Where are your future leaders?

Talent intelligence specialist Martin Retschko on why external research is now even more critical to effective succession planning

Where are your future leaders?

If there’s one lesson the past 18 months have driven home, it’s to be equipped for change. Which is partly why a static approach to succession planning is fast giving way to a more dynamic, diverse model. Gone are the days where senior roles were invariably replaced from within the organisation in ‘next in line’ House of Windsor fashion.

“Thanks to globalisation, competition and technology, organisations’ structures have become more dynamic and fluid. COVID has only sped up that process for many organisations,” says Martin Retschko, country leader Australia & New Zealand at talent intelligence specialist Armstrong Craven.

“Succession planning now has to consider multiple potential outcomes and scenarios in a much more dynamic environment. It is no longer about replacement - it’s more about transformation.”

So where do we now look for our future leaders?

“It’s a question a lot of HRDs are asking,” says Retschko. “There is a focus on rapid reskilling at all levels, to equip talent to perform and thrive in this new environment. But sometimes that is not enough. It’s a question of ‘where is our future talent external to the organisation, and how do we engage with that audience?’”

Succession planning has traditionally been about lining up “the usual suspects”, he says. “But we have seen a propensity for boards to bring greater diversity into the organisation; of thought, and from a gender and cultural perspective. Right now, for example, we are working with organisations that are male-dominated, to understand the diversity within external talent pools, what motivates these individuals and how they make career decisions.  This intel is aiding more targeted employer branding, talent acquisition and succession planning.”

Within and without

COVID has identified underlying structural weaknesses in organisations that were not equipped for change, highlighting the need for succession to be viewed through both an external and a future-focused lens.

“The HRDs we work with are saying ‘we want to bring in people from other industries with fresh thinking, to bring in different capabilities such as digital transformation from organisations that have been through that journey’. It’s about bringing outside knowledge to challenge what’s been done and accelerate change.”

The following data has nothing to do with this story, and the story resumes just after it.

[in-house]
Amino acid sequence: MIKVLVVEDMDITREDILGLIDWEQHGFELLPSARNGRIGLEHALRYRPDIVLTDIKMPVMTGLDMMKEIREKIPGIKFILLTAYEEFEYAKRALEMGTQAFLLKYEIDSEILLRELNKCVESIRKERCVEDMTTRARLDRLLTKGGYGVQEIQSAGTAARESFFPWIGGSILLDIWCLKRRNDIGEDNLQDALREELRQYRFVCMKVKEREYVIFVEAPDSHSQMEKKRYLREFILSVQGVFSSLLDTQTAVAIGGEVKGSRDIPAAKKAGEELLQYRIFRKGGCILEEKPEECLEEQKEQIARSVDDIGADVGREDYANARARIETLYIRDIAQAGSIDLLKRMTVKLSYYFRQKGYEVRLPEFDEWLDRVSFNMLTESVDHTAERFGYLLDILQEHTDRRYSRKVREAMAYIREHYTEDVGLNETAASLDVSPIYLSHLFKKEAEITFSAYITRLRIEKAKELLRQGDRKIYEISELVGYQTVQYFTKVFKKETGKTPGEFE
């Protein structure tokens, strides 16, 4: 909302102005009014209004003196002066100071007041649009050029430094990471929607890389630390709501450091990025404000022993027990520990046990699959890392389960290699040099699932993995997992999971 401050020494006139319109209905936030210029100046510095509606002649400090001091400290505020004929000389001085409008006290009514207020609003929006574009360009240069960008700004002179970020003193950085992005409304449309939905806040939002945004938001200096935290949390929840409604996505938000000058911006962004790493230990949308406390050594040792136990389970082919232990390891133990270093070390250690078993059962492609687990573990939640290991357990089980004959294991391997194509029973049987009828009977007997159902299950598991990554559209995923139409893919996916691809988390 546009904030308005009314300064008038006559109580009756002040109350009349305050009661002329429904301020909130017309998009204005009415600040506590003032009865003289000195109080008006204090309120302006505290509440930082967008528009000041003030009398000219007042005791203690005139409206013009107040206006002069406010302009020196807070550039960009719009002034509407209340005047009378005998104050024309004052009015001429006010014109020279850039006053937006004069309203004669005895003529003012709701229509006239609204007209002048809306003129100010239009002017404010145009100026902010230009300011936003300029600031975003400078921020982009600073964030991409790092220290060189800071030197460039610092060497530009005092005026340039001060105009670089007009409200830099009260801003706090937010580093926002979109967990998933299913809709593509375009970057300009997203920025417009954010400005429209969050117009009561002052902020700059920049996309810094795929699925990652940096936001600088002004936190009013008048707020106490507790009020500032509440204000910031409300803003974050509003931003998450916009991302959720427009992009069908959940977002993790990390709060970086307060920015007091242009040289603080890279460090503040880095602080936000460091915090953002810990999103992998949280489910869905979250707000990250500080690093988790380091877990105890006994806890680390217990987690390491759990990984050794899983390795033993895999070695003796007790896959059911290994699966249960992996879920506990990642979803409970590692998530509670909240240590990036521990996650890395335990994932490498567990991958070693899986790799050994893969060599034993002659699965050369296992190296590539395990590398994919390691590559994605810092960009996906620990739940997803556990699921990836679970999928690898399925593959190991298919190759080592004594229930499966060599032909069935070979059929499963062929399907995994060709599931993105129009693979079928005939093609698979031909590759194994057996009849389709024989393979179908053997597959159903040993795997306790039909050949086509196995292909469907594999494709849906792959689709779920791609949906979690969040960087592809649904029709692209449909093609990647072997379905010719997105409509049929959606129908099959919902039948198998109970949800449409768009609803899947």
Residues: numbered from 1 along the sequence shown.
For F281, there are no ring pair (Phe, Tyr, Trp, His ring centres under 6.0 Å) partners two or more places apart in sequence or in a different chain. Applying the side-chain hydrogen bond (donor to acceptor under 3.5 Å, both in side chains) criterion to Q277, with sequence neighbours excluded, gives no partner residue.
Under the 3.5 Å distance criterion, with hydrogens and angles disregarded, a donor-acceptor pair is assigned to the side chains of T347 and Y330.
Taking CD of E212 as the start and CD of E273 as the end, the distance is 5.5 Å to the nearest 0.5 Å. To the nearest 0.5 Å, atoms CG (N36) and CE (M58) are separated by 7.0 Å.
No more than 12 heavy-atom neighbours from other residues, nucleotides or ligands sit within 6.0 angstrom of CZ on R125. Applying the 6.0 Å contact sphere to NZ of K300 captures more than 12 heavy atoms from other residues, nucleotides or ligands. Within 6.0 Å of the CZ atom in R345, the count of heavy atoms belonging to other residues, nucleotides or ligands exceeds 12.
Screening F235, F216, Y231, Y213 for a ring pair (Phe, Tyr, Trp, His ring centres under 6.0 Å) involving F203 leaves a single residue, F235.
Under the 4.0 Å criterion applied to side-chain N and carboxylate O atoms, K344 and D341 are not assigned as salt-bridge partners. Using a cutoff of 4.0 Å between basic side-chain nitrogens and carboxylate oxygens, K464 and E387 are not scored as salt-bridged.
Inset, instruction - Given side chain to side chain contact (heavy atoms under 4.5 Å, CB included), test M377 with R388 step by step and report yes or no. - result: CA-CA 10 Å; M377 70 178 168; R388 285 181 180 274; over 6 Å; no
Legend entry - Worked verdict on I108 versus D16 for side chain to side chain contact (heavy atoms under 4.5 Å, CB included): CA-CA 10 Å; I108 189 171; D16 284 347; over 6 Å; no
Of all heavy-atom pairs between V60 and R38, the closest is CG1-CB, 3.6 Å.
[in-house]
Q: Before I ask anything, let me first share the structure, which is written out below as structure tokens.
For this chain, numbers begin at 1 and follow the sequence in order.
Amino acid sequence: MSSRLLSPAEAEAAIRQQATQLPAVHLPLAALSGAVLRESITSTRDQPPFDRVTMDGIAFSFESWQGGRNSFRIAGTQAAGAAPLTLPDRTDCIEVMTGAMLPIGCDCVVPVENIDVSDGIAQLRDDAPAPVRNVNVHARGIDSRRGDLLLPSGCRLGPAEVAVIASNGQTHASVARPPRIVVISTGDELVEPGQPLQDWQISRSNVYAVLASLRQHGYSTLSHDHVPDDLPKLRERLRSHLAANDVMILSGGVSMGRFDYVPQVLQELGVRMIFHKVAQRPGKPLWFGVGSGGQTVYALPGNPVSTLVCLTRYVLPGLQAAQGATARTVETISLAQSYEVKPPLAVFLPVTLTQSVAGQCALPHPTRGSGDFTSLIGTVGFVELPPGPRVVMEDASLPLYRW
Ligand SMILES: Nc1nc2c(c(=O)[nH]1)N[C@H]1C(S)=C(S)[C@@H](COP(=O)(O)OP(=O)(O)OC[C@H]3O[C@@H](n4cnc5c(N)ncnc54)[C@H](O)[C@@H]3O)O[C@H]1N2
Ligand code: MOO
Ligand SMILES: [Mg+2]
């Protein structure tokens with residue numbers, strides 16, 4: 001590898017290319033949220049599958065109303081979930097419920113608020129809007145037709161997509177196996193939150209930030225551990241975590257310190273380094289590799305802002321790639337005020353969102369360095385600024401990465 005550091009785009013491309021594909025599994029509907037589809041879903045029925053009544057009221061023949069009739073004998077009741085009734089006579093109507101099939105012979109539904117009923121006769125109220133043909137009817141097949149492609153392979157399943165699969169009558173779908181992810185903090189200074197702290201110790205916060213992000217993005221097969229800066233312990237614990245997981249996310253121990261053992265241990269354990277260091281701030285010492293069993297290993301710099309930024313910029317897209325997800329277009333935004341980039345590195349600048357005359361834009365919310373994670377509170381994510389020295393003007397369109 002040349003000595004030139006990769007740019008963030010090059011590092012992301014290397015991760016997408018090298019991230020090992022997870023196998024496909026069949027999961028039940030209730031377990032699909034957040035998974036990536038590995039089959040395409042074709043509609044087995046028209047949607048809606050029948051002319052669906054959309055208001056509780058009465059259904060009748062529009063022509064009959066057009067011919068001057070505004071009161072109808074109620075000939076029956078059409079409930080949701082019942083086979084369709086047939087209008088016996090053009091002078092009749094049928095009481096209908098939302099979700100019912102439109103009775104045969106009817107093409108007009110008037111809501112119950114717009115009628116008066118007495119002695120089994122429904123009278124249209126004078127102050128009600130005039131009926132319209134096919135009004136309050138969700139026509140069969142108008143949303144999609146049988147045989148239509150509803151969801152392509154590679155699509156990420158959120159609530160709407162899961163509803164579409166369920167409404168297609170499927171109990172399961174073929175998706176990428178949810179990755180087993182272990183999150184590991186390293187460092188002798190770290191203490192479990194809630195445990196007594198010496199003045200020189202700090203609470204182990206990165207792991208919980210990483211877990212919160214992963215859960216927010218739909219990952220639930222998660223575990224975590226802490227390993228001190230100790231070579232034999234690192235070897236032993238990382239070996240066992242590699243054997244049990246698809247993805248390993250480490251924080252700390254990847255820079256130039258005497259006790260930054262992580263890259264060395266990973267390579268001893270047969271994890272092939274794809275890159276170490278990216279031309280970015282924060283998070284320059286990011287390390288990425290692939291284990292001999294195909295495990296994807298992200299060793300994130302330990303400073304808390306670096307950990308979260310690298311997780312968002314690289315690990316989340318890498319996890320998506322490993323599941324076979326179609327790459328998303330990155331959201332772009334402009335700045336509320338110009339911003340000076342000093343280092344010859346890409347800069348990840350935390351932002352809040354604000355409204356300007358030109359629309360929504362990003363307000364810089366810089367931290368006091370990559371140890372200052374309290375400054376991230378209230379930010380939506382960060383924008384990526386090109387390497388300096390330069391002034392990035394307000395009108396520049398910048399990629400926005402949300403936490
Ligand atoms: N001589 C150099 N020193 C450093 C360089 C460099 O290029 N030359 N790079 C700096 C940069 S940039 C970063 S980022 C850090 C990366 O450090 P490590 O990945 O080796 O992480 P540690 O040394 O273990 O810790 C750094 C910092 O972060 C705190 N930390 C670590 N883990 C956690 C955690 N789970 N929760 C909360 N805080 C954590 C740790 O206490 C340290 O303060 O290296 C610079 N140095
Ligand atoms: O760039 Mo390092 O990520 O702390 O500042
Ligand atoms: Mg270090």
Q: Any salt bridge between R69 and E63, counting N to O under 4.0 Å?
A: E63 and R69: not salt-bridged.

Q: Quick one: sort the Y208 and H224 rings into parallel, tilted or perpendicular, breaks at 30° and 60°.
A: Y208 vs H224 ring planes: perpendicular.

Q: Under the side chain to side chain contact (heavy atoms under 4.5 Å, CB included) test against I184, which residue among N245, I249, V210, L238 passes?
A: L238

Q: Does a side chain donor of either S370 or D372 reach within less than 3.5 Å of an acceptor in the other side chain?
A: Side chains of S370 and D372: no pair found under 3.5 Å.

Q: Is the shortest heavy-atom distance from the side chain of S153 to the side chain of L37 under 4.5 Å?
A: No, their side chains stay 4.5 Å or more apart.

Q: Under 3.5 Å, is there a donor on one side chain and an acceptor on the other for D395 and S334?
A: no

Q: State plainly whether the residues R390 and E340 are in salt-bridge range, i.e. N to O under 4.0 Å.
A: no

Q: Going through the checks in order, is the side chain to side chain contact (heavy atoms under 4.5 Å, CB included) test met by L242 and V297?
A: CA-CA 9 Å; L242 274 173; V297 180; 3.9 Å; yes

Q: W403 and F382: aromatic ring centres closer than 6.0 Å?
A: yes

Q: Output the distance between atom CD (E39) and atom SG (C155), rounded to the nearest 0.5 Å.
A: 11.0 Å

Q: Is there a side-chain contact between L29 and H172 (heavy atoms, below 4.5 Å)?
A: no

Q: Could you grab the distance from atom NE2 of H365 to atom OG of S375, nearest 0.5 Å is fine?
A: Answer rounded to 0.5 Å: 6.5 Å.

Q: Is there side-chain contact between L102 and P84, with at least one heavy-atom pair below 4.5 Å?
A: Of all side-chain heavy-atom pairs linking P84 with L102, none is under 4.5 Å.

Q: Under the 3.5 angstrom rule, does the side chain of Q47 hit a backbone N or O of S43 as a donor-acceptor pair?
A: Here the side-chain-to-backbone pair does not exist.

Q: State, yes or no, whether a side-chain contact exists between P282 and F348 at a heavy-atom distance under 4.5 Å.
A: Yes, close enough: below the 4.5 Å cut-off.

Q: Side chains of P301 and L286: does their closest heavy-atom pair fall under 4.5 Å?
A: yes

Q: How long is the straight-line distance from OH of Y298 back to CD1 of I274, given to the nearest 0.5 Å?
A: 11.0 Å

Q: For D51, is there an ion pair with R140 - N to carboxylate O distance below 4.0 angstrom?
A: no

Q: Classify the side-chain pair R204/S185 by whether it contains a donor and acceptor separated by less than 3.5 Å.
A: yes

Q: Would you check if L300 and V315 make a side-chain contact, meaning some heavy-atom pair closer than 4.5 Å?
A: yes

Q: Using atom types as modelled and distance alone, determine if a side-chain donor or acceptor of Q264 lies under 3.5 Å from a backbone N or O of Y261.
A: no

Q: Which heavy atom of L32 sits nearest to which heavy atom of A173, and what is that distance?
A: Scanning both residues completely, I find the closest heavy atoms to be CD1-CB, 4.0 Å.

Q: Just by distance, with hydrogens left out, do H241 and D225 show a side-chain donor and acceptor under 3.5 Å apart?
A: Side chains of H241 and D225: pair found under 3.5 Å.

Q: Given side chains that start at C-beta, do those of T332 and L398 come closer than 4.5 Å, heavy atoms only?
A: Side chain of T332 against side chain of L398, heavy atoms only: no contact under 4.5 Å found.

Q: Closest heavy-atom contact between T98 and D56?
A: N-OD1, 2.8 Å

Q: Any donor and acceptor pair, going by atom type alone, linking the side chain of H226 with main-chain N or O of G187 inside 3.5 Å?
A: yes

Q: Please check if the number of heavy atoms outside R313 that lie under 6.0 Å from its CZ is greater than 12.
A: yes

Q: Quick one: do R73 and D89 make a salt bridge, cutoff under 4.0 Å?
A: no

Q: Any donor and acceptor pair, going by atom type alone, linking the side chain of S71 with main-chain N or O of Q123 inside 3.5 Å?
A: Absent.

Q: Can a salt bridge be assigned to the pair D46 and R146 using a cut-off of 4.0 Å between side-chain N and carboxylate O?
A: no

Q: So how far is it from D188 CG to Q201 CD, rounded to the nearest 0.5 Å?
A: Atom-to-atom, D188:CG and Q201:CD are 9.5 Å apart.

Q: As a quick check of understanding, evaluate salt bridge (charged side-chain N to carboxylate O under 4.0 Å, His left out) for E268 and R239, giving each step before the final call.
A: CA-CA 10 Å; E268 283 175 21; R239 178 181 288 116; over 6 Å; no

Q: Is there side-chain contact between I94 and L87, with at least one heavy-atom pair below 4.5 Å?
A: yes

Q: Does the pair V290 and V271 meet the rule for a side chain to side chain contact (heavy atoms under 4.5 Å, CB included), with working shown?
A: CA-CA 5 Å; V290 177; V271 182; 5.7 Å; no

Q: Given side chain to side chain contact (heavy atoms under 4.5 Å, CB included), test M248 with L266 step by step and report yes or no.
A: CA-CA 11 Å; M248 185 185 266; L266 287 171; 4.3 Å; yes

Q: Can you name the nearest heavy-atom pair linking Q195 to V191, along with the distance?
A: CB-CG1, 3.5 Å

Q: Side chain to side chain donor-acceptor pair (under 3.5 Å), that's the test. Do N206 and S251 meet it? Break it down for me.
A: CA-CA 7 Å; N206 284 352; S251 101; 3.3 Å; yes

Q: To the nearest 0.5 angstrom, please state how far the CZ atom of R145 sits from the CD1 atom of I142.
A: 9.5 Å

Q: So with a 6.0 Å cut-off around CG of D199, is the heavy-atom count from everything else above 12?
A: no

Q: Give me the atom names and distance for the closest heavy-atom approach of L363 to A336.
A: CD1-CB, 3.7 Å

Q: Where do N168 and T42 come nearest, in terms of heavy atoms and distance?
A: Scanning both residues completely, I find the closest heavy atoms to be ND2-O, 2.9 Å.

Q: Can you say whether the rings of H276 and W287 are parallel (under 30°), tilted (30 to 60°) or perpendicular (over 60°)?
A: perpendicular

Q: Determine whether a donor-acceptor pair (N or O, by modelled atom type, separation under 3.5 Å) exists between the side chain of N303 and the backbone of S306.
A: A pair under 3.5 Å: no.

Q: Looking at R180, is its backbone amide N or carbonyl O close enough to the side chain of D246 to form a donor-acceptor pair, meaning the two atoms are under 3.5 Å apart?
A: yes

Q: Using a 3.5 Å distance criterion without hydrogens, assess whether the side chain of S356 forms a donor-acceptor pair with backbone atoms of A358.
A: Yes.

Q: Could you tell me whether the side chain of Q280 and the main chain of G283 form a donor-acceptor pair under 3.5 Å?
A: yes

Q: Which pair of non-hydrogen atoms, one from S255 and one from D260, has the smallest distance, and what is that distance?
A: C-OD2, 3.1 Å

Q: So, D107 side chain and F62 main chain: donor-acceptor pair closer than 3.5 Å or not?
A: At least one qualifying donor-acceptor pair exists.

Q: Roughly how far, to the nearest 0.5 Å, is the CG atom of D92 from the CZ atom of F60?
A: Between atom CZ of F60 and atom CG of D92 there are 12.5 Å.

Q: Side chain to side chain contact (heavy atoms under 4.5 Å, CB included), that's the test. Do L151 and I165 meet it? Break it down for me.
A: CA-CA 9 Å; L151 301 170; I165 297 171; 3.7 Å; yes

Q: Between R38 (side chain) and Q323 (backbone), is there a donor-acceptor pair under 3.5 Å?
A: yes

However, organisations can no longer assume they know what is driving the external talent on their wishlist, because attitudes have changed, says Retschko.

“People now have a heightened awareness of what an organisation stands for, how they sit in the community at large, their purpose, their perspective on diversity and inclusion. During this period of change, external talent is aware of how organisations have managed human resources since COVID. They’re also asking ‘what do I want from my career, how do I want to work, who do I want to work for?”

Bring on the data

To understand the dynamics of external talent pools, research plays a crucial role.  Many organisations have capability to accurately define and track high priority talent pools.   This talent intelligence collects, analyses and uses information from the external market to inform current and future talent strategy. “For example, we have organisations building talent hubs in new locations, but first they need to understand the size, makeup and behaviour of those talent pools.”

There is a great deal of general information about changes in the external talent market. However, it is important to “know your own market” through specific research aimed at providing deep knowledge of critical and senior talent markets.  For many organisations, this research can extend to proactive engagement with external talent.

“Organisations will, as part of their approach to succession risk management, meet and build relationships with external talent. If an individual doesn’t join the organisation, it is still a valued activity because it builds knowledge of key talent in an area of strategic importance,” says Retschko.

For the data to be relevant to your goals, you have to start with the right questions. Armstrong Craven will talk to HR leaders and, with a theme or question as a starting point, conduct deep research into that area.

“As specialists in talent research, we use sophisticated quantitative and qualitative methods to respond to the toughest talent challenges and questions.  We provide visibility of the external talent landscape, which leads to more successful and competitive decisions around talent.”

To find out more, go to https://www.armstrongcraven.com/talent-intelligence-consulting/

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